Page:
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Crap Music Rave Party: Boom Shak-a-lak!

Tomas Ford blames YOU. Photo: Justin Sideris.
Tomas Ford blames YOU. Photo: Justin Sideris.

Crap Music Rave Party: Boom Shak-a-lak!

Tomás Ford
The Bakery, Saturday, July 19

There is literally nothing better than arriving in a club and hearing music that you pump out in your bedroom when you know no one else is home. Literally nothing better than when you’re bumping and grinding on the Bakery’s dance floor to trashy pop songs, nostalgic ‘90s dance music and nu-metal that stinks with nostalgia. Welcome to the Crap Music Rave: Boom Shak-a-lak!

With heavy rain and a serious lack of advertising, the return of these cowboys of cool (host Tomás Ford and guest MC Ayden Doherty) threatened to be a bit underwhelming. For a good while, there was a very minimal crowd of people who just seemed to want to sway awkwardly at the back like they were at a school disco. This wasn’t no school disco, baby. Pumping out “cool music for cool people” and armed with some seriously cool person dance moves, these two had a packed dance floor fist-pumping to Ricky Martin’s She Bangs in no time – even getting everyone to really boogie with two separate host-vs-audience dance-offs.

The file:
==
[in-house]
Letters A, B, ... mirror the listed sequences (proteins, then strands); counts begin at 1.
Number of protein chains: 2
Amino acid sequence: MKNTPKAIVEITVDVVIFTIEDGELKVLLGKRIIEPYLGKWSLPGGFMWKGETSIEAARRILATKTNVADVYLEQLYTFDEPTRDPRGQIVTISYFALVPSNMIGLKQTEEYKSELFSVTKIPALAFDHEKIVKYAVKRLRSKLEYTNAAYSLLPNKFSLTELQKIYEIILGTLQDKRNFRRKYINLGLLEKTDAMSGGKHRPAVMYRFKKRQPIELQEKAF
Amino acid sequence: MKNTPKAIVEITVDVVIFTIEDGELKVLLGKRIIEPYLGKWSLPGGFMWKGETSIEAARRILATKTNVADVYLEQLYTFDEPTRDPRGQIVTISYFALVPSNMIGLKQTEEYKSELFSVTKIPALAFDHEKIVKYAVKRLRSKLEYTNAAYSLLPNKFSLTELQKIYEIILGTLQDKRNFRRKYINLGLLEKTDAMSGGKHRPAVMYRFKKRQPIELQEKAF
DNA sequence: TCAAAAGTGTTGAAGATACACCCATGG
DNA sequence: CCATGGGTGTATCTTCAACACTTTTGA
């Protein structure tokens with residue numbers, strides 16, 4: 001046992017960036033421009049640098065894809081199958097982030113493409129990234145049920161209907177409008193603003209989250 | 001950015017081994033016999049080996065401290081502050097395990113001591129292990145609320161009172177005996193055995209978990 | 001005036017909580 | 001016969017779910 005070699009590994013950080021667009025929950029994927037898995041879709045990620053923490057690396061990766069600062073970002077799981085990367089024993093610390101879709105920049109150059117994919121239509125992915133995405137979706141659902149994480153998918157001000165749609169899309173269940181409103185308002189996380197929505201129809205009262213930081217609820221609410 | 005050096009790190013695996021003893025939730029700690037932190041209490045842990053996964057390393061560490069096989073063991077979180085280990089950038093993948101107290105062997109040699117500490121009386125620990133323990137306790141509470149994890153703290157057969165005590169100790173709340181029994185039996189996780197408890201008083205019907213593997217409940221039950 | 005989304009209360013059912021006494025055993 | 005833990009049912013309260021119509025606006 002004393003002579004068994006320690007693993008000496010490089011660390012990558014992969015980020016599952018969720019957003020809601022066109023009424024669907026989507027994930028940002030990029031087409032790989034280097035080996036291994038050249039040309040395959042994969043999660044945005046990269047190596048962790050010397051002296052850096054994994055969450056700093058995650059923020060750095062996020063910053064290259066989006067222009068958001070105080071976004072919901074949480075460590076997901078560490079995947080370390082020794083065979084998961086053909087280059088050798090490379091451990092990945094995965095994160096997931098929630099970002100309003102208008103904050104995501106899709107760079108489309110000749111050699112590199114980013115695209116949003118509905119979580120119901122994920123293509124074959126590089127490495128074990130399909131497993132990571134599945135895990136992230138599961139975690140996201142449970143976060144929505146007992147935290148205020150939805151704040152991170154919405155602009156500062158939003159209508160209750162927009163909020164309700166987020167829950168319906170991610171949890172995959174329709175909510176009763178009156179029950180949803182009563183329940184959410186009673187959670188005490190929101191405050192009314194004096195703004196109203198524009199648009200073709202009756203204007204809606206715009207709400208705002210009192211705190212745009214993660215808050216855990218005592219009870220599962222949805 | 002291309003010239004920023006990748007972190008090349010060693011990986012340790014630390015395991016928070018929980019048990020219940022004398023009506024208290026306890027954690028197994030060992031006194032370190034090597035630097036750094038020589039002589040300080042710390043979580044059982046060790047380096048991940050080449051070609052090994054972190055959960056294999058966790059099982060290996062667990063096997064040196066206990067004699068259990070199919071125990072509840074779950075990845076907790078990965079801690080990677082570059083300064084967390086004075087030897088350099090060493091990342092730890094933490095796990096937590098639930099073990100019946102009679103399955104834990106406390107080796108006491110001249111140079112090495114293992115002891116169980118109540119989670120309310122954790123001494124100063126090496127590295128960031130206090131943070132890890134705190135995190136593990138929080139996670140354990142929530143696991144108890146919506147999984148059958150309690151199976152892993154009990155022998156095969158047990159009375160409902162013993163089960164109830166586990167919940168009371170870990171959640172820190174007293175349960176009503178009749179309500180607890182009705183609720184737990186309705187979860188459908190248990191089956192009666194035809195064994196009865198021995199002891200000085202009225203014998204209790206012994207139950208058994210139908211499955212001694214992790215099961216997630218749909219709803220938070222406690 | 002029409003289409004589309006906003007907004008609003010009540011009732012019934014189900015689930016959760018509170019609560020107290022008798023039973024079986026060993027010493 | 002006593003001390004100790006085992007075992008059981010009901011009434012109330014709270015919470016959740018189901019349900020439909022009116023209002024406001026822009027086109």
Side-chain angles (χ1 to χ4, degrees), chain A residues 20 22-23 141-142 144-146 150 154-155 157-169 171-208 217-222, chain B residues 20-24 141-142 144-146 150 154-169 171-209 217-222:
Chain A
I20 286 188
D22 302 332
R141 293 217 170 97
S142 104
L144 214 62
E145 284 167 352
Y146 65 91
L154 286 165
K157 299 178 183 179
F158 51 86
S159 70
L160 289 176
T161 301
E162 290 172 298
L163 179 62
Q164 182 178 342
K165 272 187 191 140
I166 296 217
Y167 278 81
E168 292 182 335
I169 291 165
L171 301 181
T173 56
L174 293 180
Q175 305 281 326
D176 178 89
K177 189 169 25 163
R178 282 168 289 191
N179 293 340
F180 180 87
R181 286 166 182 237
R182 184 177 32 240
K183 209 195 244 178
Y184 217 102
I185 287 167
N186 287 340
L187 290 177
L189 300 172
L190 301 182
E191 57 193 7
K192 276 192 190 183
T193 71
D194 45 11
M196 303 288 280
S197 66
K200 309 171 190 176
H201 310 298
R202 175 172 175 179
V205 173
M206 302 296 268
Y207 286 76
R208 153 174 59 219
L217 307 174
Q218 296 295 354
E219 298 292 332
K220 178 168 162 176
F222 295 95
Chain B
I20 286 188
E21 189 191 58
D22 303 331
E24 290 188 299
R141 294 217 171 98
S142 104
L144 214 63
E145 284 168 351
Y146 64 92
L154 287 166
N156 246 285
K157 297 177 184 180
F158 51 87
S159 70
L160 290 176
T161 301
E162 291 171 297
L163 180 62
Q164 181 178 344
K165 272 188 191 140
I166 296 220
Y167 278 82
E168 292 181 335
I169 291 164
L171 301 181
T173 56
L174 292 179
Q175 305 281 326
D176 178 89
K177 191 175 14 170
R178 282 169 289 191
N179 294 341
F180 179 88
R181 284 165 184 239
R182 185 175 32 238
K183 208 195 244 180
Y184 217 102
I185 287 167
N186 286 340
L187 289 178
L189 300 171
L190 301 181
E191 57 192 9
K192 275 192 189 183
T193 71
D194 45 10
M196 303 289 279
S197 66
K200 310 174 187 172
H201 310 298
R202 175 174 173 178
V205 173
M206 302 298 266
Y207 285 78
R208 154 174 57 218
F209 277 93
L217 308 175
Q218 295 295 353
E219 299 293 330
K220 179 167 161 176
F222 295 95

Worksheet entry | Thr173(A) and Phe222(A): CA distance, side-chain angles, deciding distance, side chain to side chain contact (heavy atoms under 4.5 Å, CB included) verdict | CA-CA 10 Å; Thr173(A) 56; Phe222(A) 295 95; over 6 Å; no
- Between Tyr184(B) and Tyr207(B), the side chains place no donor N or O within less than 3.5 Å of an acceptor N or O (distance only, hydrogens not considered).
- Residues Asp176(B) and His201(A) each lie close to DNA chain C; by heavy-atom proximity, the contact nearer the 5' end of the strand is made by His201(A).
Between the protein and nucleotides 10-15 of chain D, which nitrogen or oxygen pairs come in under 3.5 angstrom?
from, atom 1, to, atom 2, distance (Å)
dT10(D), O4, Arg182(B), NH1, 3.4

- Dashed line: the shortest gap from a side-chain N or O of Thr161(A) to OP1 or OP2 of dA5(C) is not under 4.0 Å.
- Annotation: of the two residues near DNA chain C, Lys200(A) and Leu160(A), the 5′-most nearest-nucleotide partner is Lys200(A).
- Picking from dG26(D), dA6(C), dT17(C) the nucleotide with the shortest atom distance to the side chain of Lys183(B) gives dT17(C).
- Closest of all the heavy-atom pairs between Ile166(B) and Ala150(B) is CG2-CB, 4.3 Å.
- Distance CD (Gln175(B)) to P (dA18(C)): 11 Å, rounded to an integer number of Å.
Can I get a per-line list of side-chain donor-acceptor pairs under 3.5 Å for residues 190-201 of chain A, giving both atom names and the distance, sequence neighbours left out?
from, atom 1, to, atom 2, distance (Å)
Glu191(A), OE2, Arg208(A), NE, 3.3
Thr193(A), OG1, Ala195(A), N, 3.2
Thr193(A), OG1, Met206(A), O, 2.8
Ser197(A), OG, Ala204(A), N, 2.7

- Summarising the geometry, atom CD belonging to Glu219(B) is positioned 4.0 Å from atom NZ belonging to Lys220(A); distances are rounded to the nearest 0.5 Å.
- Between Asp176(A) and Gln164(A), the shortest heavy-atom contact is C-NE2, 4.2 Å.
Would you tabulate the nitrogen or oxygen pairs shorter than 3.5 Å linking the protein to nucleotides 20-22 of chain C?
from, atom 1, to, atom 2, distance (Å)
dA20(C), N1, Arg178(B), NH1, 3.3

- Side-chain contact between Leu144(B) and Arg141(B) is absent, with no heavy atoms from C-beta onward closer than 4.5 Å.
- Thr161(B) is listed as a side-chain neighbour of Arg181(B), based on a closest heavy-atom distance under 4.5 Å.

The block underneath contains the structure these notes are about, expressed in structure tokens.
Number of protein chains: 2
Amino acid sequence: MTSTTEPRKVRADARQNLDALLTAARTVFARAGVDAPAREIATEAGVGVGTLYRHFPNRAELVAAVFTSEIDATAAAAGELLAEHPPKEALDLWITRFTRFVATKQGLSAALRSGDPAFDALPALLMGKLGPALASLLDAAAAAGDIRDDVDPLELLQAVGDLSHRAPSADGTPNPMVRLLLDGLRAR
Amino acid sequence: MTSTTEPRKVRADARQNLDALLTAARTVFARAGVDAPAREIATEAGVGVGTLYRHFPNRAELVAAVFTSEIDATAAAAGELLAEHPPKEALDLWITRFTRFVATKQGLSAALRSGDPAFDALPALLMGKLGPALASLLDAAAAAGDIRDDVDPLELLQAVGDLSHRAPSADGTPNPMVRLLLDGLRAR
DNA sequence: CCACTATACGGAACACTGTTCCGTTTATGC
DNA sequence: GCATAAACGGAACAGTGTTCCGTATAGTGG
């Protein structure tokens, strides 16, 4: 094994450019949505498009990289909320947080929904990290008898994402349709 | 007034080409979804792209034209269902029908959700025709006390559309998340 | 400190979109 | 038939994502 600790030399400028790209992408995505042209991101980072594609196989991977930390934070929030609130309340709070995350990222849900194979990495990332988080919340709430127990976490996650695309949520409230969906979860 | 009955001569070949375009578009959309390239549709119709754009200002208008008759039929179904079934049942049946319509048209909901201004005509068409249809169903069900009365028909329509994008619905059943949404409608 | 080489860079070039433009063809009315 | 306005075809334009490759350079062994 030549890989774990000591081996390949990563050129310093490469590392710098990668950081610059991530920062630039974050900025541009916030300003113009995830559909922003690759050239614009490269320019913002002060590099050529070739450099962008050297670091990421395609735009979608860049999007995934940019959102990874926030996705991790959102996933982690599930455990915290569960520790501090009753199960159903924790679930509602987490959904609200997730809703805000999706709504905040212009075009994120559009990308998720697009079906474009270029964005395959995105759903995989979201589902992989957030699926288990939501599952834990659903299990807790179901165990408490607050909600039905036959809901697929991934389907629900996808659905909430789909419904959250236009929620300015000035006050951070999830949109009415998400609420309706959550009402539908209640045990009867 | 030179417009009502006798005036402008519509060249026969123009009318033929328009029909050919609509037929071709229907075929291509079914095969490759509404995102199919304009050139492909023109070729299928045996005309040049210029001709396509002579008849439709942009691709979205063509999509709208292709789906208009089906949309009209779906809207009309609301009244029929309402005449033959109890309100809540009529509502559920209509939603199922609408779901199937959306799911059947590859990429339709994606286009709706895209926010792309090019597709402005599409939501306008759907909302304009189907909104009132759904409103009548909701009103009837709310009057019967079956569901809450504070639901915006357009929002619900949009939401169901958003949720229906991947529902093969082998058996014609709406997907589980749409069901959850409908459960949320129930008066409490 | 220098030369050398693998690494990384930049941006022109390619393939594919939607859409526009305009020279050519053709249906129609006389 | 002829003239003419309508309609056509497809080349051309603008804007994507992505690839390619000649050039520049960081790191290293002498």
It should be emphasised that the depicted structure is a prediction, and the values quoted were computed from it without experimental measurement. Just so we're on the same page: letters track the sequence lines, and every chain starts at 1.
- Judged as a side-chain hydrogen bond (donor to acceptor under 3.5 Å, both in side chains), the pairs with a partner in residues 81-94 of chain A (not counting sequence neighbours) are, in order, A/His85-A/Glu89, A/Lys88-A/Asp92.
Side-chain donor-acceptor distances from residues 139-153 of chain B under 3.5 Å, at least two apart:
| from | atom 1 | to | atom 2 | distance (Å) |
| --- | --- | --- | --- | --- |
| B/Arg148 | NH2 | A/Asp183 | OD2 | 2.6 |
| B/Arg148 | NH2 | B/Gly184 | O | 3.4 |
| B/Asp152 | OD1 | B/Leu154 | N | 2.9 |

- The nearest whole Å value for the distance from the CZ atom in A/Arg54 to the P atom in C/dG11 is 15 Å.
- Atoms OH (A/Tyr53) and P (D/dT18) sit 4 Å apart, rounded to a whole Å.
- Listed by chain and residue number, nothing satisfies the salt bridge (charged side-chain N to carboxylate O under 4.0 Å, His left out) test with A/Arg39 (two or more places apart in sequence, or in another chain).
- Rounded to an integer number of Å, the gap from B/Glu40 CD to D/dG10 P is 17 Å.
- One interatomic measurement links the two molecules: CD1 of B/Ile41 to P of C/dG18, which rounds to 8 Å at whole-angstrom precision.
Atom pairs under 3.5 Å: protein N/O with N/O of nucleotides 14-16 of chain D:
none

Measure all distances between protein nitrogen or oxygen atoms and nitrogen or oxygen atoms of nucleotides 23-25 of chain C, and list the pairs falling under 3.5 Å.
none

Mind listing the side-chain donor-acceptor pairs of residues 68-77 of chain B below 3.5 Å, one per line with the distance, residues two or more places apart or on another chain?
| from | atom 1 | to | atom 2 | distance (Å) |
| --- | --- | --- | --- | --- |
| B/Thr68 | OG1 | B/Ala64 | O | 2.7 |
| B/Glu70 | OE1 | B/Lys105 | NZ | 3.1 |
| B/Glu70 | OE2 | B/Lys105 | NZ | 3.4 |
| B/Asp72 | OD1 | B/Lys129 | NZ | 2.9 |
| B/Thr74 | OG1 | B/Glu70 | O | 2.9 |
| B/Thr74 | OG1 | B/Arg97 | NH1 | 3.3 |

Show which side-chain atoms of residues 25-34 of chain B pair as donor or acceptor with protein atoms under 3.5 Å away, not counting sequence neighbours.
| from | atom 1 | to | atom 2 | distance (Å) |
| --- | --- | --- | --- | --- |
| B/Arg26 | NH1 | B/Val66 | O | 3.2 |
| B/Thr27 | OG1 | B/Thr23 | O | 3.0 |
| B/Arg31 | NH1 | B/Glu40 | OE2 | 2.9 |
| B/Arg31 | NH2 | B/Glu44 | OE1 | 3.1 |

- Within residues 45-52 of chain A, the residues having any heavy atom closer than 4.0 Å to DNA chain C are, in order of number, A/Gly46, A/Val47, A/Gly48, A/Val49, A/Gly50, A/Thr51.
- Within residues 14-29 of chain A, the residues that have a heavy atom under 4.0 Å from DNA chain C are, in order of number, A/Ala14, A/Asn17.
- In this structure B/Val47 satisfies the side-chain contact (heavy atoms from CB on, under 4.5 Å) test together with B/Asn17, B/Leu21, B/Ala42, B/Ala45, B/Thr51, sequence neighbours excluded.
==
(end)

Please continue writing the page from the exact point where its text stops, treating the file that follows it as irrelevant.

In the wake of a sold-out show in Adelaide, and before an upcoming four-weekend tour with the Edinburgh Fringe, Ford and Doherty gave us a very special Crap Music Rave, 100% audience requests. Whether you posted it to Facebook, tweeted it, or wrote it down at the event, all the requests went in to the melting pot. While this did produce some sick tunes, some people hadn’t even thought about since high school, it made for a bit of a disjointed experience. However, the hosts did compensate for this, encouraging a crowd vote if a song didn’t give the right kind of vibe and just plain skipping some that were really too awful.

I do have to congratulate them for the departure from the expected tirade of synth with a short but nonetheless powerful segment: Frat Music Rave. It gave people a chance to let their hair down and thrash around in the tamest circle pit ever to a bit of Limp Bizkit (and to even get deep with some Avril Lavigne).

What I did really love, and what seems to be a feature of Crap Music Raves, is the wide range of people who come – crap music is really universal! There were people dressed like they had come from nearby Metro City, people who were rocking some faded ol’ jeans, and everyone in between. All pulled by the siren song of such musical masterpieces as The Hamster Dance, for example.

Young or old, with home-improvised PCYC-level light displays, the sickest breakdance moves since the late 1990s, and even party poppers, Ford and Doherty gave us some seriously crap music that I never thought I’d hear in a social setting since I left high school. But did I mind? Non, je ne regrette rien.

Caroline Stafford